Federal aid available for Hurricane Irma victims

Federal emergency management teams are fanning out statewide to help Hurricane Irma victims register for financial assistance.

Residents in Pasco County lost trees, and in many instances, suffered damage to their homes due to Hurricane Irma. The Federal Emergency Management Agency is taking applications to provide financial assistance. (Kathy Steele)

In Pasco County, a team settled in at the Land O’ Lakes Branch Library on Collier Parkway from Oct. 11 through Oct. 14.

Area residents applying for assistance also could speak with representatives of the United States Small Business Administration and Pasco County.

Pasco County officials will make announcements soon about more locations that will open to take applications.

The in-person meet-ups with Federal Emergency Management Agency workers are only one of several ways to register for financial assistance.

Currently, the deadline to register is Nov. 9.

State officials have the option to request an extension, however.

Steven Solomon, a FEMA media relations specialist, said the easiest way to apply is to online.

The website is Disasterassistance.gov.

For those who don’t have access to a computer or the Internet, they can call FEMA at 1-800-621-3362. Because FEMA is responding to a number of recent disasters, including Irma and Hurricane Harvey, there could be long waits on the phone.

“We’re asking for people to be patient,” Solomon said.

FEMA workers also are out in the field in the 48 counties declared as federal disaster areas. “We’re walking door-to-door with Ipads, registering people as we go,” Solomon said.

The field workers will have a federal ID badge, which residents should ask to see, Solomon said.

Those who register with FEMA for assistance will be asked to provide the following information:

  • Social Security number
  • Address of the damaged property and a contact phone number
  • Insurance coverage
  • Total household income
  • Bank routing number and account number

FEMA will schedule an appointment for an inspector to meet the applicant – age 18 or older – at the hurricane damaged property. The inspector doesn’t determine eligibility, Solomon said.

All of the information is sent to FEMA, and a letter will be sent to the applicant regarding a grant award.

FEMA grants can pay for a variety of losses including home repairs, temporary housing, transportation, medical and dental costs and funeral expenses.

These will be grants, not loans that would be repaid. Also, grants are not considered taxable income, and they don’t affect other benefits being received, such as Social Security or food stamps.

Homeowners with property insurance should file separate claims with their insurance companies and FEMA. The federal agency can supplement what insurance doesn’t cover.

Grant amounts aren’t intended to be a dollar for dollar replacement of all losses, but Solomon said they can aid in “making people whole again.”

Businesses can apply for low-interest loans through the Small Business Administration. Solomon said it also would be helpful for business owners to talk with FEMA representatives to find out if other types of benefits also would be available.

Anyone who needs repairs completed should do so as quickly as possible, without waiting for a FEMA decision, Solomon said. But, they also should take pictures of the damage and keep receipts for purchases and services, he added.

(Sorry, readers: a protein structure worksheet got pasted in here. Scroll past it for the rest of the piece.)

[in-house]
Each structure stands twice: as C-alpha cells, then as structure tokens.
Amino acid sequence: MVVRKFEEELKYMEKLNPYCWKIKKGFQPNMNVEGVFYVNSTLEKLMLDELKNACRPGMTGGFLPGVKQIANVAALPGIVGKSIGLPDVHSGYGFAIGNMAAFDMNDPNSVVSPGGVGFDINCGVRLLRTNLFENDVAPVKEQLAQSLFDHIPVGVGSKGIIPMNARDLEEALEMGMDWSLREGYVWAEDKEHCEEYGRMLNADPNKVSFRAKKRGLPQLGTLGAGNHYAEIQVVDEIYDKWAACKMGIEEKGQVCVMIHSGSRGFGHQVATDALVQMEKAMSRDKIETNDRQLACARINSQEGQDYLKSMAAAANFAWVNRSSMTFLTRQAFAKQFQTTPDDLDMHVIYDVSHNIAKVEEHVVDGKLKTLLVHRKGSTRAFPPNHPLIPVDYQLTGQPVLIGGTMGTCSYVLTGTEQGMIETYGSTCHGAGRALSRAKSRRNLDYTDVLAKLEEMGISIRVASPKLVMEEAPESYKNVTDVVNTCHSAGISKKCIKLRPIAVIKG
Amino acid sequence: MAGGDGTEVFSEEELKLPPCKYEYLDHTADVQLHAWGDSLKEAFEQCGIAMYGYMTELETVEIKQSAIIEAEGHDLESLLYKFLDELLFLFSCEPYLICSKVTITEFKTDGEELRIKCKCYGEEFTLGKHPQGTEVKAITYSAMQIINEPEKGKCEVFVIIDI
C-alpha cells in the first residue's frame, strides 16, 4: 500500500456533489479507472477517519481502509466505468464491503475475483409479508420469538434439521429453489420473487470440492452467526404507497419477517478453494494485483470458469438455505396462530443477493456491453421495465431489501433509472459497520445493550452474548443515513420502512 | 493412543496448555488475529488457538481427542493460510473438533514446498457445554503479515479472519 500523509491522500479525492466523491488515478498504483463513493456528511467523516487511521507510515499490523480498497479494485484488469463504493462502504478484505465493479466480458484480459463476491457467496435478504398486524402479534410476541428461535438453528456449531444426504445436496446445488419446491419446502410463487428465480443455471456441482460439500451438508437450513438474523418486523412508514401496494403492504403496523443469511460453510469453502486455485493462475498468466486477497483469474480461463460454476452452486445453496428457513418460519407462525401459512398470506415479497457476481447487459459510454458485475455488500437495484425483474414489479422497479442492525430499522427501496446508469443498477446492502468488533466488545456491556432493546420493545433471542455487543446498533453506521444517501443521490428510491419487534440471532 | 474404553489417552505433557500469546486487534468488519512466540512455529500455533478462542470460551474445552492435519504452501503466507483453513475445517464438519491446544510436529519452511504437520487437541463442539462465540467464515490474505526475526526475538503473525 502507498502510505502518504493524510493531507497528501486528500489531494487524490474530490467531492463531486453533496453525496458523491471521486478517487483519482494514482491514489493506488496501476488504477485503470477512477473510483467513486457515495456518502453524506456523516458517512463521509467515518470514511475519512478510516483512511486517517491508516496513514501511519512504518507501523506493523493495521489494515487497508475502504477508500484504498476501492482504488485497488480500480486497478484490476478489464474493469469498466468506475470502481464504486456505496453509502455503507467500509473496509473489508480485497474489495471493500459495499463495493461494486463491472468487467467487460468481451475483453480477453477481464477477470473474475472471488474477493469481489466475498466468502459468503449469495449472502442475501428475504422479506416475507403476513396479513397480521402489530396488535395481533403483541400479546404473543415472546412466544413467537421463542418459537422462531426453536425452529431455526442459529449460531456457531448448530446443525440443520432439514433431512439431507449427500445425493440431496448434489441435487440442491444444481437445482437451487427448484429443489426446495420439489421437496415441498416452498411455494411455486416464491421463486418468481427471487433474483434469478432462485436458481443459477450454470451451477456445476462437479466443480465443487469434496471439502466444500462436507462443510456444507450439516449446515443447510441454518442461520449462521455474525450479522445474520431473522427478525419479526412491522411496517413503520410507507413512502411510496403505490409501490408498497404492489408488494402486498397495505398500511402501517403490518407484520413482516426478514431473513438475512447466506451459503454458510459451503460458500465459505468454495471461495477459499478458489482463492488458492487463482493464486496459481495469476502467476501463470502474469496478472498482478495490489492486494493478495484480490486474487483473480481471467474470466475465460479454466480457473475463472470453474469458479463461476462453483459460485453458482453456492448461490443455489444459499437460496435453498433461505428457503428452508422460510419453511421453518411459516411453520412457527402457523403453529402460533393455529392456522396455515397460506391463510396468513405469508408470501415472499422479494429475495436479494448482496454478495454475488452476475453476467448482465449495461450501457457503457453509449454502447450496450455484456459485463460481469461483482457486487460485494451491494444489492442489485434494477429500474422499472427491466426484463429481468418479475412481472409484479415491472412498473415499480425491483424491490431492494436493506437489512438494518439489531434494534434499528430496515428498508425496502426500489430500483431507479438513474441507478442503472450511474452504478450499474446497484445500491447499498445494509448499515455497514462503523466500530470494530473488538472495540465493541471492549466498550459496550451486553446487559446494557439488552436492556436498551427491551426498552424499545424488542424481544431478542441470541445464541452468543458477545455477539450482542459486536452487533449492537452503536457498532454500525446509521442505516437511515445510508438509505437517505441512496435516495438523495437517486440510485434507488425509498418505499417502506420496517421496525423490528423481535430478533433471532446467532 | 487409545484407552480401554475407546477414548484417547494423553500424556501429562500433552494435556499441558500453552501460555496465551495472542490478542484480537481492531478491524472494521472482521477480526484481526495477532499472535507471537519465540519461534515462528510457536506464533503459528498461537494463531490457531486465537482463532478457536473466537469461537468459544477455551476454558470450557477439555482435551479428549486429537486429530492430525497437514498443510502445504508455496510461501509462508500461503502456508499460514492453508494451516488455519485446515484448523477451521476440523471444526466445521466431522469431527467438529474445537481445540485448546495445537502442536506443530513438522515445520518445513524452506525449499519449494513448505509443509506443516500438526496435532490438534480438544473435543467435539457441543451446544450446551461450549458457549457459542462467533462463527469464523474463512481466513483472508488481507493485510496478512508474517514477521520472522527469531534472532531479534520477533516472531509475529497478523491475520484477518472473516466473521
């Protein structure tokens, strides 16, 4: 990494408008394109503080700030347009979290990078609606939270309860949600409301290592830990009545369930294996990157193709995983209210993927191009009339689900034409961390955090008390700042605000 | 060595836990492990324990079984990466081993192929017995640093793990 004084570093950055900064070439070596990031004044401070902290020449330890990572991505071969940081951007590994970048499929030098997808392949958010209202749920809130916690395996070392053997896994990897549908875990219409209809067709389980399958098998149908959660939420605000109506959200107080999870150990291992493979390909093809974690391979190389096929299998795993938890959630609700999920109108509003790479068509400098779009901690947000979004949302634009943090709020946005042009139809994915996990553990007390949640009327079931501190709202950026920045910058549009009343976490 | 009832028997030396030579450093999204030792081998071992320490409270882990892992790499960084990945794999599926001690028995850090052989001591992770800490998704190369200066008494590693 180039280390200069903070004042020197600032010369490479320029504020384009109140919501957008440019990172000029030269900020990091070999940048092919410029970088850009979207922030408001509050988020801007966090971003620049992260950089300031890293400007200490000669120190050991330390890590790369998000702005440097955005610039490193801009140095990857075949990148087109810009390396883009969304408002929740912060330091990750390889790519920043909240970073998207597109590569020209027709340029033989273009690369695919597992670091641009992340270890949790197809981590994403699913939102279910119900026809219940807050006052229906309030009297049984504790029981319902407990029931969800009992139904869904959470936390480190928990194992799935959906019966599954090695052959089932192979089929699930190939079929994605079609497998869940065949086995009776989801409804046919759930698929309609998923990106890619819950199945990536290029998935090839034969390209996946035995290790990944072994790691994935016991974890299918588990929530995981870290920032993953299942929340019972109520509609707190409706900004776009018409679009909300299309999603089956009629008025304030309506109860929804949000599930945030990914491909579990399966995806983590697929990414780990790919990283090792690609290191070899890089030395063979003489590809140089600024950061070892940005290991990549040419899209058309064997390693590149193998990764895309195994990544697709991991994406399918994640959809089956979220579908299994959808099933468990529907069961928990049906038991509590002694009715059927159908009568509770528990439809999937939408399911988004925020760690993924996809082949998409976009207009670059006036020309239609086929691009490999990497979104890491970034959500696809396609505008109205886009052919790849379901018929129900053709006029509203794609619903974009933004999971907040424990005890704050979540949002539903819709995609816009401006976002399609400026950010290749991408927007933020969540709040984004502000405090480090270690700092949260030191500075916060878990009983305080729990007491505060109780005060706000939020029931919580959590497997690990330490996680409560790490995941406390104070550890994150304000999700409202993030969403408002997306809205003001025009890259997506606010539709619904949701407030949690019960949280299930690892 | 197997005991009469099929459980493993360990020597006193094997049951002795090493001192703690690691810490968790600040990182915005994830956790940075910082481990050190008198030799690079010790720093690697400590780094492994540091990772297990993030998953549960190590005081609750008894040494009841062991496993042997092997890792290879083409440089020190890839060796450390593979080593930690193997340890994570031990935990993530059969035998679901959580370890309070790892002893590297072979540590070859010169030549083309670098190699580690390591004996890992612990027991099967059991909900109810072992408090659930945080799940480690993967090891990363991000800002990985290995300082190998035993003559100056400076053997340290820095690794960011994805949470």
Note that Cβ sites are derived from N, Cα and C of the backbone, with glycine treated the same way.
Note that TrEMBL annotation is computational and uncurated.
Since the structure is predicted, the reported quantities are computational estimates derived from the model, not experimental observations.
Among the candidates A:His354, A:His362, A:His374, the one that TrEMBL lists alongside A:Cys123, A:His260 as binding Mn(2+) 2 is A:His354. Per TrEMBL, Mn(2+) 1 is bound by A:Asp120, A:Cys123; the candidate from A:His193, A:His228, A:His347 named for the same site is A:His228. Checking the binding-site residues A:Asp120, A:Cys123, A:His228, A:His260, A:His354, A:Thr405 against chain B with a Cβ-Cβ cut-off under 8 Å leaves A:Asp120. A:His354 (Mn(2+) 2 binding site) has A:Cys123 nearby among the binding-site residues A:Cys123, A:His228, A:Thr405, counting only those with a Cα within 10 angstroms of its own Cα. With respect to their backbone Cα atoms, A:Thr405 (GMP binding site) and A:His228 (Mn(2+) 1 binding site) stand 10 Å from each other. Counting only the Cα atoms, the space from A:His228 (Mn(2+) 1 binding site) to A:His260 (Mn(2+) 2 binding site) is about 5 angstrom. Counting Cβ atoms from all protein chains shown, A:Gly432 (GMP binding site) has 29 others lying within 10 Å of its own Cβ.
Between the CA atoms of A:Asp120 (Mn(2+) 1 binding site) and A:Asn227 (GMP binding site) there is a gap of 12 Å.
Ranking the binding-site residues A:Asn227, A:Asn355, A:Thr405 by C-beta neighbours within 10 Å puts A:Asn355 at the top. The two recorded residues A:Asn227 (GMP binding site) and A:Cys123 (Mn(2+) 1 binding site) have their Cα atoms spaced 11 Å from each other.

Everyone should be on the alert for scam artists trying to take advantage of people, Solomon said.

“There is no charge for anything FEMA does,” Solomon said. “If (anyone) asks for money, it’s a scam.”

Avoid being scammed
The Federal Emergency Management Agency has issued some tips to help people avoid being scammed, as they recover from a disaster.

Scam attempts can be made over the phone, by mail, by email, through the Internet, or in person.
Here are some tips to remember to safeguard against fraud:

  • Ask to see ID badges. All Federal Emergency Management Agency representatives always carry an identification badge with a photograph.
  • Keep your FEMA registration number safe. It is your key to your application information. Do not share it with others.
  • Safeguard personal information. No state or federal government disaster assistance agency will call you to ask for your financial account information. Unless you place a call to an agency yourself, you should not provide personal information over the phone. It can lead to identity theft. In general, be cautious when giving personal information such as social security or bank account numbers to anyone. FEMA will only request an applicant’s bank account numbers during the initial registration process. FEMA inspectors will require verification of identity but will already have your registration number.
  • Beware of people going door to door. People knocking on doors at damaged homes or phoning homeowners claiming to be building contractors could be con artists, especially if they ask for personal information or solicit money.
  • Know that federal workers do not solicit or accept money. FEMA and Small Business Administration staff never charge applicants for disaster assistance, inspections, or to help fill out applications. FEMA inspectors verify damages, but do not involve themselves in any aspect of the repair nor recommend any contractor.
  • If you suspect fraud, call the toll-free FEMA Disaster Fraud Hotline at (866) 720-5721, or call your local law enforcement agency.

Published Oct. 18, 2017




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